At this point, you can now form a testable hypothesis to answer the problems at hand. The hypothesis is now a measurable goal, you can use it to test the solution to the problem. Once testing is completed, you may then measure against the hypothesis and validate your solution.
With a Problem Thinking mindset, it’s always leading you towards a tangible solution based upon user needs and organizational capabilities.
Product Thinking asks questions at every stage. There are five methodologies for Product Solving to find the answer to the problem (5 Ws and an H):
From a Product Thinking standpoint, we arrange the caveat for what we want to solve for in the form of the question “Who and What.”
- What’s the expectation of our users?
- Who’s experiencing it?
- Who’s involved in solving it?
Even though you may understand the bigger problem users face, you still need to assemble the proper teams to address the “What” part of the equation.
Next, come the product and developer teams to solve the problem from a design thinking perspective. The only true source for solutioning lies in “Who” is impacted by the problem.
By understanding the users impacted we can better meet their expectations or set new ones. Now that we know what is going on and why it’s happening, you can deduce how to solve it.
To gain value, you need to:
- Seek out when it happens?
- Did we create the problem?
- Who can answer the problem and act on it?
You now go into a solution phase. By asking the traditional 5Ws to answer the question of what the problem is and how to go forward, you have identified the level that adds value.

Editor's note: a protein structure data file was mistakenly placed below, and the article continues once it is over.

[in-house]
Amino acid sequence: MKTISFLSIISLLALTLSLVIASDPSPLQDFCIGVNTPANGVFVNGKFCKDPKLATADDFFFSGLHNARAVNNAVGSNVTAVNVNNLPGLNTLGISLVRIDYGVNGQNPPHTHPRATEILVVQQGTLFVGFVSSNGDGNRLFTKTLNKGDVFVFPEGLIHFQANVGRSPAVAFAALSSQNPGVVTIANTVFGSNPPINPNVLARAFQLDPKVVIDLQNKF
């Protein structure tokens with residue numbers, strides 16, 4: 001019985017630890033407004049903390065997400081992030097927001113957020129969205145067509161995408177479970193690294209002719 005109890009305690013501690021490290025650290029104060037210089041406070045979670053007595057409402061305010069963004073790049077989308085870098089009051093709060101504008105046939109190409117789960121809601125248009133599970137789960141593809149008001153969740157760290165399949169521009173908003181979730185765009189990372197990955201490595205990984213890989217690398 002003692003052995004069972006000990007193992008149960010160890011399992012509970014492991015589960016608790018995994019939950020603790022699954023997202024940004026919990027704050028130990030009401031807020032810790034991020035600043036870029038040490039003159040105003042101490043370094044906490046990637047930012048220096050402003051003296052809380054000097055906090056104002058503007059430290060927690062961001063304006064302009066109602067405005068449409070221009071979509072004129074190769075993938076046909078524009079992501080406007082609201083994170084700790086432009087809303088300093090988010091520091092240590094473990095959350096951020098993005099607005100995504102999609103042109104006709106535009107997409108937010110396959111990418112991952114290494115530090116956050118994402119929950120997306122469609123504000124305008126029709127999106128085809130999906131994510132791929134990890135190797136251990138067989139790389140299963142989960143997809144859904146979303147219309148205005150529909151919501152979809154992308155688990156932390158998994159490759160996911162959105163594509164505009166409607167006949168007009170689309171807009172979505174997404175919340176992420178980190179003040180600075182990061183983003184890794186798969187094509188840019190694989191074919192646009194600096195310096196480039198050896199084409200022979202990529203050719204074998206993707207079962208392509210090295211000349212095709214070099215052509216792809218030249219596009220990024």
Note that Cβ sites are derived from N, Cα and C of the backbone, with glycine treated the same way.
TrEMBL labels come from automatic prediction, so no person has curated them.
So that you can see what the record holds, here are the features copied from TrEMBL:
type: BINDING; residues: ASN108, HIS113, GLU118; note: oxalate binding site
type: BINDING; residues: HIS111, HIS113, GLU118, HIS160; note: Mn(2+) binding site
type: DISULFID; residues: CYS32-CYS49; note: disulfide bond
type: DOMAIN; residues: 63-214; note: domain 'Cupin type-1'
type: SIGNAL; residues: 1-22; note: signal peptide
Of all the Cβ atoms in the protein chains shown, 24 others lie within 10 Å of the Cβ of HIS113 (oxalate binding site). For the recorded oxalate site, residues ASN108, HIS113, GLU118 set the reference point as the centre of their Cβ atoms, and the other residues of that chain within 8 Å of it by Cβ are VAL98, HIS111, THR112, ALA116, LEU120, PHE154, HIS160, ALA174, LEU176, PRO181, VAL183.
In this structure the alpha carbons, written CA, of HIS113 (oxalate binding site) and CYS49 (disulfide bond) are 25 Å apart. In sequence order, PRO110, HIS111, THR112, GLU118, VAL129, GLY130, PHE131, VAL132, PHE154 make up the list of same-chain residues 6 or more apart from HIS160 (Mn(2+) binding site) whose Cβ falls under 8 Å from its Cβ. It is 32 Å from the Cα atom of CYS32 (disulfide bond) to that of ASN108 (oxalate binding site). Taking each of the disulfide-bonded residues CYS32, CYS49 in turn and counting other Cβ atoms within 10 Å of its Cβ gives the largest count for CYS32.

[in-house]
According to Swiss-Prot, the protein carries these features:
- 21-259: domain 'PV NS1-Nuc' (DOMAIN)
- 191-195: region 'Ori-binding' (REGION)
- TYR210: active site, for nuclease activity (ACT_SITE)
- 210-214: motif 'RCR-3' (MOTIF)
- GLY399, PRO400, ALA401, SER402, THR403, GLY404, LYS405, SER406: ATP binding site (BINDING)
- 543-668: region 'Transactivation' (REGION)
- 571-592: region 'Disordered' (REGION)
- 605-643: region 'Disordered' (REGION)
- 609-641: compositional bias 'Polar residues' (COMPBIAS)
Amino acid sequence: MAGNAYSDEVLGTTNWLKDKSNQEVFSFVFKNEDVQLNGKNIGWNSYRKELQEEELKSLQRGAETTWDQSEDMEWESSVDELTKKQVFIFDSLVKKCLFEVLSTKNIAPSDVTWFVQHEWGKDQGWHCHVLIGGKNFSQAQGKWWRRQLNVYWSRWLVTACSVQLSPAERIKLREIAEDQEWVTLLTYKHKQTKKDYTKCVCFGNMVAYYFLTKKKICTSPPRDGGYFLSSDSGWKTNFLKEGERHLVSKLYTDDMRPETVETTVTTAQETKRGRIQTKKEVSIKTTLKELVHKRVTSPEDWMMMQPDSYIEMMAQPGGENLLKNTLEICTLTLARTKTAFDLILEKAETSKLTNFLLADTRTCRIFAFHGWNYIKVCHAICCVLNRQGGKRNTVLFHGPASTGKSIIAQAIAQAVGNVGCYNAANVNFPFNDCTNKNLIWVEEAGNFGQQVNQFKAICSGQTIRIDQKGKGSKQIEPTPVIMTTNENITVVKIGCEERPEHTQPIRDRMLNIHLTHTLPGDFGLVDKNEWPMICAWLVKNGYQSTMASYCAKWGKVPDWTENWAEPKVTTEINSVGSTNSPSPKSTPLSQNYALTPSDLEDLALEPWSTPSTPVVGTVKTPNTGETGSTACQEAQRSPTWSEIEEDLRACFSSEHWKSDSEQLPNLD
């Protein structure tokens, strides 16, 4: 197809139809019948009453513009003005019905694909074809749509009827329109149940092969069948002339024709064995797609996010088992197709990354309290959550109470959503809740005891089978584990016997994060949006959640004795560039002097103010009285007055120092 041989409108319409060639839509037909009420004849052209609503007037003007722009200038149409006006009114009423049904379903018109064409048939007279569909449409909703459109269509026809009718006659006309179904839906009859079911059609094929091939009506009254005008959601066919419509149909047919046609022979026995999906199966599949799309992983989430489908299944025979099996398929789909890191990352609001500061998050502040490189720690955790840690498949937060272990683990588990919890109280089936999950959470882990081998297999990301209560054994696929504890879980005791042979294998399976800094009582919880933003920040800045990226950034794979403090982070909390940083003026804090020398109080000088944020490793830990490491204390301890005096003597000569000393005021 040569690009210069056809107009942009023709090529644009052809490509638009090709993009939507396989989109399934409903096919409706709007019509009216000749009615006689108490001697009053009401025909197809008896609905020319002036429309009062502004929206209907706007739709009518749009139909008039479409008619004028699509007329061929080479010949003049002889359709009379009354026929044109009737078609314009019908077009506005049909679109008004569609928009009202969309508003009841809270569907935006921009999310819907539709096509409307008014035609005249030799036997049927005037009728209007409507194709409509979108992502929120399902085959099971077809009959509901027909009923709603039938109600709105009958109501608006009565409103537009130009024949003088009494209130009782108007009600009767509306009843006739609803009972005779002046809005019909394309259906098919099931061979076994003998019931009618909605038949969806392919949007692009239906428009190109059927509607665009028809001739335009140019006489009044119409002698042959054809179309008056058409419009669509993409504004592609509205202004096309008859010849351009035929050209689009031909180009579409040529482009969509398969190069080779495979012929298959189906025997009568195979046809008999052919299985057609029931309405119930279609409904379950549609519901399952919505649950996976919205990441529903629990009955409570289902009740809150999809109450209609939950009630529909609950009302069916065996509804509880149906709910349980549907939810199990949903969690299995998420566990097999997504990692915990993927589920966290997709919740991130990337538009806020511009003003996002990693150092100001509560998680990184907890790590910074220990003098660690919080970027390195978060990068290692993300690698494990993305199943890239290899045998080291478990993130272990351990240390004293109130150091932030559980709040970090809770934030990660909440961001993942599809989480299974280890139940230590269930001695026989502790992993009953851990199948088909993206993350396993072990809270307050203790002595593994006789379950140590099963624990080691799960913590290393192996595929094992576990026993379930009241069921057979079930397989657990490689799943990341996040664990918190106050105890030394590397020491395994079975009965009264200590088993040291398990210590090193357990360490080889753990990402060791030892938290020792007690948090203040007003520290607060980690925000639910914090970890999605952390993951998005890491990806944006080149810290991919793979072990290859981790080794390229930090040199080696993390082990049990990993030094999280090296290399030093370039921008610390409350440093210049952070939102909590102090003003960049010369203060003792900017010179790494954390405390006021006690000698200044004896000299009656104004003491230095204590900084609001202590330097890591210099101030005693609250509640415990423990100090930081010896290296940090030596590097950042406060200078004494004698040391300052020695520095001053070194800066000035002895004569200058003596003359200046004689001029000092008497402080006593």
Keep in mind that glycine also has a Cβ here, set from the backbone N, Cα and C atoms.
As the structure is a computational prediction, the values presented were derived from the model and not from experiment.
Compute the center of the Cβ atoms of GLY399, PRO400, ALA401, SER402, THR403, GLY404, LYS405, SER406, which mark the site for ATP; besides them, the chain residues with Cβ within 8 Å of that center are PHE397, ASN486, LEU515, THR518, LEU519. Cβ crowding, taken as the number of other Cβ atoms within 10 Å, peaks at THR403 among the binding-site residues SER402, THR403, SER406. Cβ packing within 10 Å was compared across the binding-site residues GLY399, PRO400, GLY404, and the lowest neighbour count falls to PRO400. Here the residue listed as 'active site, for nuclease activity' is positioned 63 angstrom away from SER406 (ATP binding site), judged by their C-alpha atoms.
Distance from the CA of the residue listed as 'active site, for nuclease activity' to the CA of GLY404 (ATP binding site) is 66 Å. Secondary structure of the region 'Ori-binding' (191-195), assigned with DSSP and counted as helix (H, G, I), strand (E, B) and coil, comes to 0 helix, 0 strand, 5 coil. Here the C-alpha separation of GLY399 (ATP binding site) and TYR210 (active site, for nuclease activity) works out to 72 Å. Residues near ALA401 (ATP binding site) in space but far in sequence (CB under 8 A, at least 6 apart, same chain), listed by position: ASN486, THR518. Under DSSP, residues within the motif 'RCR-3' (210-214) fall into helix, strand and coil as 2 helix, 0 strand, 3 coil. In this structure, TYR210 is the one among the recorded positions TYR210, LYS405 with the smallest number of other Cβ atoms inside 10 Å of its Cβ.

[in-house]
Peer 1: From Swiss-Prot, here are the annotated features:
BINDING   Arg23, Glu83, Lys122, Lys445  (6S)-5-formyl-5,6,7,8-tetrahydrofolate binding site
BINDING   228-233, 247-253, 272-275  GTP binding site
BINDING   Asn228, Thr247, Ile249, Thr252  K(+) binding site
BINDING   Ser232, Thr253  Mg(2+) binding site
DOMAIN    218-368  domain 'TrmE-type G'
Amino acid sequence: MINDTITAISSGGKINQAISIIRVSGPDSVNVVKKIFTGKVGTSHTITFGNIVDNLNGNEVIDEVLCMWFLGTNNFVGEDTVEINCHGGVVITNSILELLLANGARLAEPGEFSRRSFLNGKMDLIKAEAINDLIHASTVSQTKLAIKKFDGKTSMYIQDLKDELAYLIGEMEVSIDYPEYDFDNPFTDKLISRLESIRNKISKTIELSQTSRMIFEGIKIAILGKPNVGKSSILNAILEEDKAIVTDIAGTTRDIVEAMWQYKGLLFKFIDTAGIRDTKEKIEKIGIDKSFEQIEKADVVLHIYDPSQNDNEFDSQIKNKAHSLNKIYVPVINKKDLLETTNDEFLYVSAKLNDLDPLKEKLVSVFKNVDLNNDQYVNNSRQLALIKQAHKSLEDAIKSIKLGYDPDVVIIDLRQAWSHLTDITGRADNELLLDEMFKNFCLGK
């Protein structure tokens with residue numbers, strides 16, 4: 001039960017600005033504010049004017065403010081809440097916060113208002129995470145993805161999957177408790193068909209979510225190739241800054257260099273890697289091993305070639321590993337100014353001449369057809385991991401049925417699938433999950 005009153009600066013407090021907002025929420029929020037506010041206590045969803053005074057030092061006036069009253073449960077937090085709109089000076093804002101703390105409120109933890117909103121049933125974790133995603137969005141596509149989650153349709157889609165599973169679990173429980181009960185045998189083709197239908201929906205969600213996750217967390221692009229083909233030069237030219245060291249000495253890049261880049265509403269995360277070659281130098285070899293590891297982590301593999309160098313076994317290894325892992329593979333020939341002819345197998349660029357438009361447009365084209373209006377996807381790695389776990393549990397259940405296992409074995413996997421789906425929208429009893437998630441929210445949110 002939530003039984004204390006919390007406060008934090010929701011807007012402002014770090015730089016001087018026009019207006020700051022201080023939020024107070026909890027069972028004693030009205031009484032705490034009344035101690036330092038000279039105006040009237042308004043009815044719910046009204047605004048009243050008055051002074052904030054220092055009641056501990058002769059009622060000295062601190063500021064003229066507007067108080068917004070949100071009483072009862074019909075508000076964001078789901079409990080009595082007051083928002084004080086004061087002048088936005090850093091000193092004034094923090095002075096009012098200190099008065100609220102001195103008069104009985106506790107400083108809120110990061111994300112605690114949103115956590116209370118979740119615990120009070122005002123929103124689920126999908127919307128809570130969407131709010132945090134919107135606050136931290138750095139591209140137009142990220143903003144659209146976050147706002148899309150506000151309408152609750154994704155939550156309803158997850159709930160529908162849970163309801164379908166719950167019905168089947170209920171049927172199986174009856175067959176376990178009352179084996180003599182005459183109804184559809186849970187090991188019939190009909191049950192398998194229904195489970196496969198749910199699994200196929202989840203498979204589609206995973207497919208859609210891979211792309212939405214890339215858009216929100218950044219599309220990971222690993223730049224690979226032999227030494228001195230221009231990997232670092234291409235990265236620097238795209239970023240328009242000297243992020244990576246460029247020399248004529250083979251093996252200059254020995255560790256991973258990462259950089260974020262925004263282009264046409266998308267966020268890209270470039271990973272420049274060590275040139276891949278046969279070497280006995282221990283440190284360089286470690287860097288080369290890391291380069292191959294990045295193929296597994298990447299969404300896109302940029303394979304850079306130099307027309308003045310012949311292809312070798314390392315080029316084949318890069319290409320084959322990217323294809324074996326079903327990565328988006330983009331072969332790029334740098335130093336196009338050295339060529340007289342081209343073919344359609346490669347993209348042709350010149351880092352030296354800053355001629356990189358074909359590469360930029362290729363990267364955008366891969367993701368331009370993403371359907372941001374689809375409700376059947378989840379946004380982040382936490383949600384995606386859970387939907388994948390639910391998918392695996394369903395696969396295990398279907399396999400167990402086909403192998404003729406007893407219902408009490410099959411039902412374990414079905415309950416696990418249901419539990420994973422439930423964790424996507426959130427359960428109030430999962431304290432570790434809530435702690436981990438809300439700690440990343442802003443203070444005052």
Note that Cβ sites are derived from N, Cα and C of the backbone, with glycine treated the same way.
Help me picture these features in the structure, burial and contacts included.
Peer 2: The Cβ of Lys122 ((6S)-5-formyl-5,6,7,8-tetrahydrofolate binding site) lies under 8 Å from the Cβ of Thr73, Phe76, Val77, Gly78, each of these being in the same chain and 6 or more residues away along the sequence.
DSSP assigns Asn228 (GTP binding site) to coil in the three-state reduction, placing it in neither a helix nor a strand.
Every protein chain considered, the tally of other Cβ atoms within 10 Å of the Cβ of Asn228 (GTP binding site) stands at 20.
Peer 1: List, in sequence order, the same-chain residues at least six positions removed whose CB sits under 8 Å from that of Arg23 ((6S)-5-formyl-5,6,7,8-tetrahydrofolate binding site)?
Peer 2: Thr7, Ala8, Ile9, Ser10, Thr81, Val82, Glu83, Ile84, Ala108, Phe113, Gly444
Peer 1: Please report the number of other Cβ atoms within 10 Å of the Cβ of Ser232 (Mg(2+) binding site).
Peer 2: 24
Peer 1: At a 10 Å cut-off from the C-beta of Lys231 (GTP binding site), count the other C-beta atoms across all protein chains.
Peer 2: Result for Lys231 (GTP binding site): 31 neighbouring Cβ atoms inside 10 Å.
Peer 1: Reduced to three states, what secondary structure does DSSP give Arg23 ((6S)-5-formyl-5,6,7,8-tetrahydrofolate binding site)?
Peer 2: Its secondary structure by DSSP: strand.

- How are we responding?
- How can we bring value to the solution?
- What is the feasibility of this solution?
From here, you have the baton pass to the Design Thinking mindset.
- You are armed with the 5 Ws.
- Why are dealing with this problem
- When did it begin and when can we get going?
- How can we solve it?
- You can now move into Design Thinking.
You need to have a strong design feature to go forward to help solidify the statement.
Product & Design Thinking skills
Asking the right questions! That’s the key. You have a lot riding on understanding the problem that the user is trying to answer.
The business value of asking the right questions helps simplify the process by leading people to give you information without bias and give a clear path to meeting their expectations.
The simpler the questions, the more truthful the answer.
Always think of Product Thinking as viewing the whole product and how it fulfills its purpose and Design Thinking as bridging the gap with the users in the individual features, both seek to bring the teams together around the user’s need.
The worst thing for Product Thinking is not to be measurable, use what you have identified as a goal to measure against at every stage of development
Product Thinking gives you the map and goal of the journey and Design Thinking will help solve the problems faced along the journey.
When we have lessened the gap with the users in all areas of our teams, we are successful.
Start aligning your API metrics with these 3 objectives.